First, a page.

U.S. Secretary of Agriculture Sonny Perdue said, “The passage of the 2019 Farm Bill is good news because it provides a strong safety net for farmers and ranchers, who need the dependability and certainty this legislation affords. This Farm Bill will help producers make decisions about the future, while also investing in important agricultural research and supporting trade programs to bolster exports. While I feel there were missed opportunities in forest management and in improving work requirements for certain SNAP recipients, this bill does include several helpful provisions and we will continue to build upon these through our authorities. I commend Congress for bringing the Farm Bill across the finish line and am encouraging President Trump to sign it.”

Colorado Commissioner of Agriculture Don Brown said, “The passage of the 2018 Farm Bill is more than a success for U.S. farm and ranch families; it’s a powerful win for all Americans. This country relies on a strong, abundant supply of the food, fiber, and fuel provided by America’s agricultural community. The programs within the 2018 Farm Bill provide true value to the people of Colorado, including expanding the Conservation Reserve Program acreage and legalizing hemp to help create more consistent programs as a U.S. crop. In particular, adjusting the Agriculture Risk Coverage/Price Loss Coverage program provides a vital safety net for producers.”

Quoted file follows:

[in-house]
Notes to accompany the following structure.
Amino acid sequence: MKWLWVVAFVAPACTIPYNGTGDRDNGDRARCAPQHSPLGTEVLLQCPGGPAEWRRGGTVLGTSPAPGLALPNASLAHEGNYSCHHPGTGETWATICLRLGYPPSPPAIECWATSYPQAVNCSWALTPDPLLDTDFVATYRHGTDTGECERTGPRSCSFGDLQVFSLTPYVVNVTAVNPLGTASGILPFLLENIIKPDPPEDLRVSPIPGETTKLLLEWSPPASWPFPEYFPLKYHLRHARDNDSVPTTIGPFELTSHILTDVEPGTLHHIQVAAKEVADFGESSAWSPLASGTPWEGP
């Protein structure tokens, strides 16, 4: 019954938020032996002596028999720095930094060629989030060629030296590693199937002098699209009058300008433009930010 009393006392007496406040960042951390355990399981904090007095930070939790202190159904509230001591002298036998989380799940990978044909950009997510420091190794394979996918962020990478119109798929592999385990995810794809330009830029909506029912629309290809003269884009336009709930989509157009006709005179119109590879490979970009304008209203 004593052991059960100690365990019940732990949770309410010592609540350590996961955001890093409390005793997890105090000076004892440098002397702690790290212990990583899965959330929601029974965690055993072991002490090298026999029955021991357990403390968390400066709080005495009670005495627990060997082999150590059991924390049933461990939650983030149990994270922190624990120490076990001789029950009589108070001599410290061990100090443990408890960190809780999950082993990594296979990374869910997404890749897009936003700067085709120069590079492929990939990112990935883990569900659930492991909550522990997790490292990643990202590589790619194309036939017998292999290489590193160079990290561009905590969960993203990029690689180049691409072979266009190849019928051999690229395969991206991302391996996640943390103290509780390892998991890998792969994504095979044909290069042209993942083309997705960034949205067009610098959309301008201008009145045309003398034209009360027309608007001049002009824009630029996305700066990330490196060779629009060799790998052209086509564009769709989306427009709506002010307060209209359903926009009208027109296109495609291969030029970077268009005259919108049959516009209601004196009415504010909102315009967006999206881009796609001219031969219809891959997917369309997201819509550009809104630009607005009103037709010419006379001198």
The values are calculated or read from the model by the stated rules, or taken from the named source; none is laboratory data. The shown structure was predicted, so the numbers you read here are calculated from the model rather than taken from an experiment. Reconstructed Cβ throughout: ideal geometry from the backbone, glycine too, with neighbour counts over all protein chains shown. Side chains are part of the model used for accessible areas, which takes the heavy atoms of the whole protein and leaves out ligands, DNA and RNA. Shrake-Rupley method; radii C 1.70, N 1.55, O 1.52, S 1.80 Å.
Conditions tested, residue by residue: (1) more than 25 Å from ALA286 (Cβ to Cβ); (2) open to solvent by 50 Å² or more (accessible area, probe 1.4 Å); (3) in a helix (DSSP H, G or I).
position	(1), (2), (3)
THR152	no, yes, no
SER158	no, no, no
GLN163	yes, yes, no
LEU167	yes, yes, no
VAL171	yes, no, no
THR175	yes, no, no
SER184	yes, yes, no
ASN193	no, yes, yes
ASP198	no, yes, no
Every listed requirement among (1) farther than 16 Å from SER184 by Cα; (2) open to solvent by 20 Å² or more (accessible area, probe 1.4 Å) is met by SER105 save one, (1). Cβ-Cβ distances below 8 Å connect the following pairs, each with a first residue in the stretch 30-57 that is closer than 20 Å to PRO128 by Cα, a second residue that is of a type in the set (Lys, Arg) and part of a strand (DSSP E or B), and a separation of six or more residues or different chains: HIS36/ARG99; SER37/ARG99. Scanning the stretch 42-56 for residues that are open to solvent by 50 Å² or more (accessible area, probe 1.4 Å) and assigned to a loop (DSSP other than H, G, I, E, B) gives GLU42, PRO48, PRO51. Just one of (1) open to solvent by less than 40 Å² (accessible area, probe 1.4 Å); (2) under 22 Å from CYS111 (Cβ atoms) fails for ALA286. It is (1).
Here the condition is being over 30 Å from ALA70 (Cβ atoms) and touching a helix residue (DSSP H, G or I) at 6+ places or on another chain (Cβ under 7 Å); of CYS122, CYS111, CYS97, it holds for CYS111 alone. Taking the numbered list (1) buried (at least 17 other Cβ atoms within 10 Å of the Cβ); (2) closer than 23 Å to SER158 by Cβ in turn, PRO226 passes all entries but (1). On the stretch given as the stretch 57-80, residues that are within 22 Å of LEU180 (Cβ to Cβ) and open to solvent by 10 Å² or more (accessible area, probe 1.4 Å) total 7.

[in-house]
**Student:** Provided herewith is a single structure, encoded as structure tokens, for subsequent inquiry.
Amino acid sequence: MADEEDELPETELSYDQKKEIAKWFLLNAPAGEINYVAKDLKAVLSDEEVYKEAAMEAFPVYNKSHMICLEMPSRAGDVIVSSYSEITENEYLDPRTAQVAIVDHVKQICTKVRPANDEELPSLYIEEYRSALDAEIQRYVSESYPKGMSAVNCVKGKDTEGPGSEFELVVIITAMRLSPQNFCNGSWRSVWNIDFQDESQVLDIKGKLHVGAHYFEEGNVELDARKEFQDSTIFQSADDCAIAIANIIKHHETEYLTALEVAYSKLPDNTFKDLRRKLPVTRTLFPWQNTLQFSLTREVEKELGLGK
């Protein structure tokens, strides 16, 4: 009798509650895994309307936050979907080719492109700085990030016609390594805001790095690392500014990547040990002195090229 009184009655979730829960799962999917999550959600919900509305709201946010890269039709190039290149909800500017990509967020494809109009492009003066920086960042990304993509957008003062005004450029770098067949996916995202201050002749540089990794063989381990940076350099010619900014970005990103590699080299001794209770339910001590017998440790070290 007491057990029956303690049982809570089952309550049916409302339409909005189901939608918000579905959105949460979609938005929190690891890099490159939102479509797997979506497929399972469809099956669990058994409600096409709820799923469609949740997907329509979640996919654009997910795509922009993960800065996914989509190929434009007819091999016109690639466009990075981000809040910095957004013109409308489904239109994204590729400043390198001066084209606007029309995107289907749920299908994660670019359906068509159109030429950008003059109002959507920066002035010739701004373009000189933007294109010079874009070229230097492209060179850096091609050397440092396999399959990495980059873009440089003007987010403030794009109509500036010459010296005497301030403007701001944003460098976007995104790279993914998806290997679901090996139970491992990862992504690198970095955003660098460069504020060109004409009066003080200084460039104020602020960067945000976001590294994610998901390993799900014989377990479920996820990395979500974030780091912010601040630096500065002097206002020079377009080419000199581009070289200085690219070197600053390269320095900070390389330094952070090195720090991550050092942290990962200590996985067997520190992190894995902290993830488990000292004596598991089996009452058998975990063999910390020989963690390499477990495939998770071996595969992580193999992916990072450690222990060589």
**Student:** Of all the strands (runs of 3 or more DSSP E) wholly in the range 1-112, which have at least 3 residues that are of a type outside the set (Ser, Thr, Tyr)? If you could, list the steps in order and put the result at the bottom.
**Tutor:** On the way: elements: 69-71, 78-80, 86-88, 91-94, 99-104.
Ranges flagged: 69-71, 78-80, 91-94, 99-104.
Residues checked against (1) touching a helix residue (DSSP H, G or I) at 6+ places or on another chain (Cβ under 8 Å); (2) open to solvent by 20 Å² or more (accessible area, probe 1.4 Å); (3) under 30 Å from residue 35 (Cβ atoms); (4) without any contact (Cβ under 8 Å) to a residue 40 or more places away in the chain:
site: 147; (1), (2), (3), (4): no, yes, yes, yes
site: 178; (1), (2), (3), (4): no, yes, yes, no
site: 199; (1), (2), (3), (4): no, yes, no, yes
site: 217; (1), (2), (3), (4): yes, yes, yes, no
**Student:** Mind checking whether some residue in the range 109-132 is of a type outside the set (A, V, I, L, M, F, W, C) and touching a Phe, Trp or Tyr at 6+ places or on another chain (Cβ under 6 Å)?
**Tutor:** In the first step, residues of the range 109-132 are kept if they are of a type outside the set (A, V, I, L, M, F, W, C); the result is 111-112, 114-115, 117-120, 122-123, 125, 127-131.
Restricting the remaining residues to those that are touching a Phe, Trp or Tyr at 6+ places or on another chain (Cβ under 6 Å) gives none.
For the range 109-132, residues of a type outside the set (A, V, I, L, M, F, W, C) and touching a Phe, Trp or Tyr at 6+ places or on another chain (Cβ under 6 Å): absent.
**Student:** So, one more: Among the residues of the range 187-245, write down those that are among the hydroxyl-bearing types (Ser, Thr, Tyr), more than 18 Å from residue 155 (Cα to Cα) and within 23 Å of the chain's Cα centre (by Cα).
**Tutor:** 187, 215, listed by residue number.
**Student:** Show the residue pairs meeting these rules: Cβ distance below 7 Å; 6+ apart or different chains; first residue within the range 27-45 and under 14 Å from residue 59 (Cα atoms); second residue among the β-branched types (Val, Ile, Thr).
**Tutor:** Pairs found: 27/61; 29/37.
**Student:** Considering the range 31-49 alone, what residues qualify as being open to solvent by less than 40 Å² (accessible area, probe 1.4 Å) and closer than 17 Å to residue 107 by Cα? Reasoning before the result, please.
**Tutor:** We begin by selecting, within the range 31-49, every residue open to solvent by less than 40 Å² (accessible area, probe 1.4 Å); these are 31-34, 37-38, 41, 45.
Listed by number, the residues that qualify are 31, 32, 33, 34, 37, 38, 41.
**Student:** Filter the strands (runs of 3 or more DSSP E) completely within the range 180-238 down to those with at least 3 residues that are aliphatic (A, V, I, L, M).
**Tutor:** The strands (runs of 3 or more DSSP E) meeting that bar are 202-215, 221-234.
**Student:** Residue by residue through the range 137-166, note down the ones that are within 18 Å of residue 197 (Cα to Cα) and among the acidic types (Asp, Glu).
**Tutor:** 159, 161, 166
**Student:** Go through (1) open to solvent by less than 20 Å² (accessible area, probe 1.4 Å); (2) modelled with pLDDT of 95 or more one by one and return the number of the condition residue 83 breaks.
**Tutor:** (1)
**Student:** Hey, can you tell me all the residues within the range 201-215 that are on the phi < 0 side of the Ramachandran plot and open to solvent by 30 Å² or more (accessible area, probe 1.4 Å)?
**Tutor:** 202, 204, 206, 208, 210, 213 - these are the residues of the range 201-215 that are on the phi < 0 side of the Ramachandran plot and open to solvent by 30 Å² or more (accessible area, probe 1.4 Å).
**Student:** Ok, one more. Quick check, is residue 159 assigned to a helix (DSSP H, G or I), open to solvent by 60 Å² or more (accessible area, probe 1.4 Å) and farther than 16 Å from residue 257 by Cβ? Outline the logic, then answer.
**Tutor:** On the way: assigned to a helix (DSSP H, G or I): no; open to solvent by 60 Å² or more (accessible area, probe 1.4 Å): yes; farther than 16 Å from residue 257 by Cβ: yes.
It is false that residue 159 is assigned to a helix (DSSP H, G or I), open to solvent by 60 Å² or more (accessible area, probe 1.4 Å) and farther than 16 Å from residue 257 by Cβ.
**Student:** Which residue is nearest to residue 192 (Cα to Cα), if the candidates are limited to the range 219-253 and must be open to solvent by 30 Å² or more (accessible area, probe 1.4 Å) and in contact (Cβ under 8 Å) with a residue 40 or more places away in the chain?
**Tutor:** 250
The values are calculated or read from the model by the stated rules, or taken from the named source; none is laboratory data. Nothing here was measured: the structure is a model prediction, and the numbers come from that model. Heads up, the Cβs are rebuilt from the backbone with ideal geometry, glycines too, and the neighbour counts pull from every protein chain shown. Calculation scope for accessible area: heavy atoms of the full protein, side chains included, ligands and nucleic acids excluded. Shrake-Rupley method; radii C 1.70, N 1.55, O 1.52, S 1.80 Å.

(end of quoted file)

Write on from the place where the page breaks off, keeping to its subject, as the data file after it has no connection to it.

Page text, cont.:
Colorado Parks and Wildlife Director Bob Broscheid said, “Colorado’s wildlife and agriculture will both benefit from the 2018 Farm Bill; it’s a win-win. A long list of Colorado’s wildlife and recreation depends on working agricultural landscapes for food and cover, and the farm bill has several provisions that provide substantial incentives for farmers and ranchers to invest in practices that maintain wildlife habitat, as well as voluntary public access programs. Private lands are critical to Colorado’s quality of life, and this farm bill will provide the funding needed to ensure continued conservation of our soil, water, and wildlife.”

Aaron Million is looking at re-purposing oil and gas pipelines for his #GreenRiver project #ColoradoRiver #COriver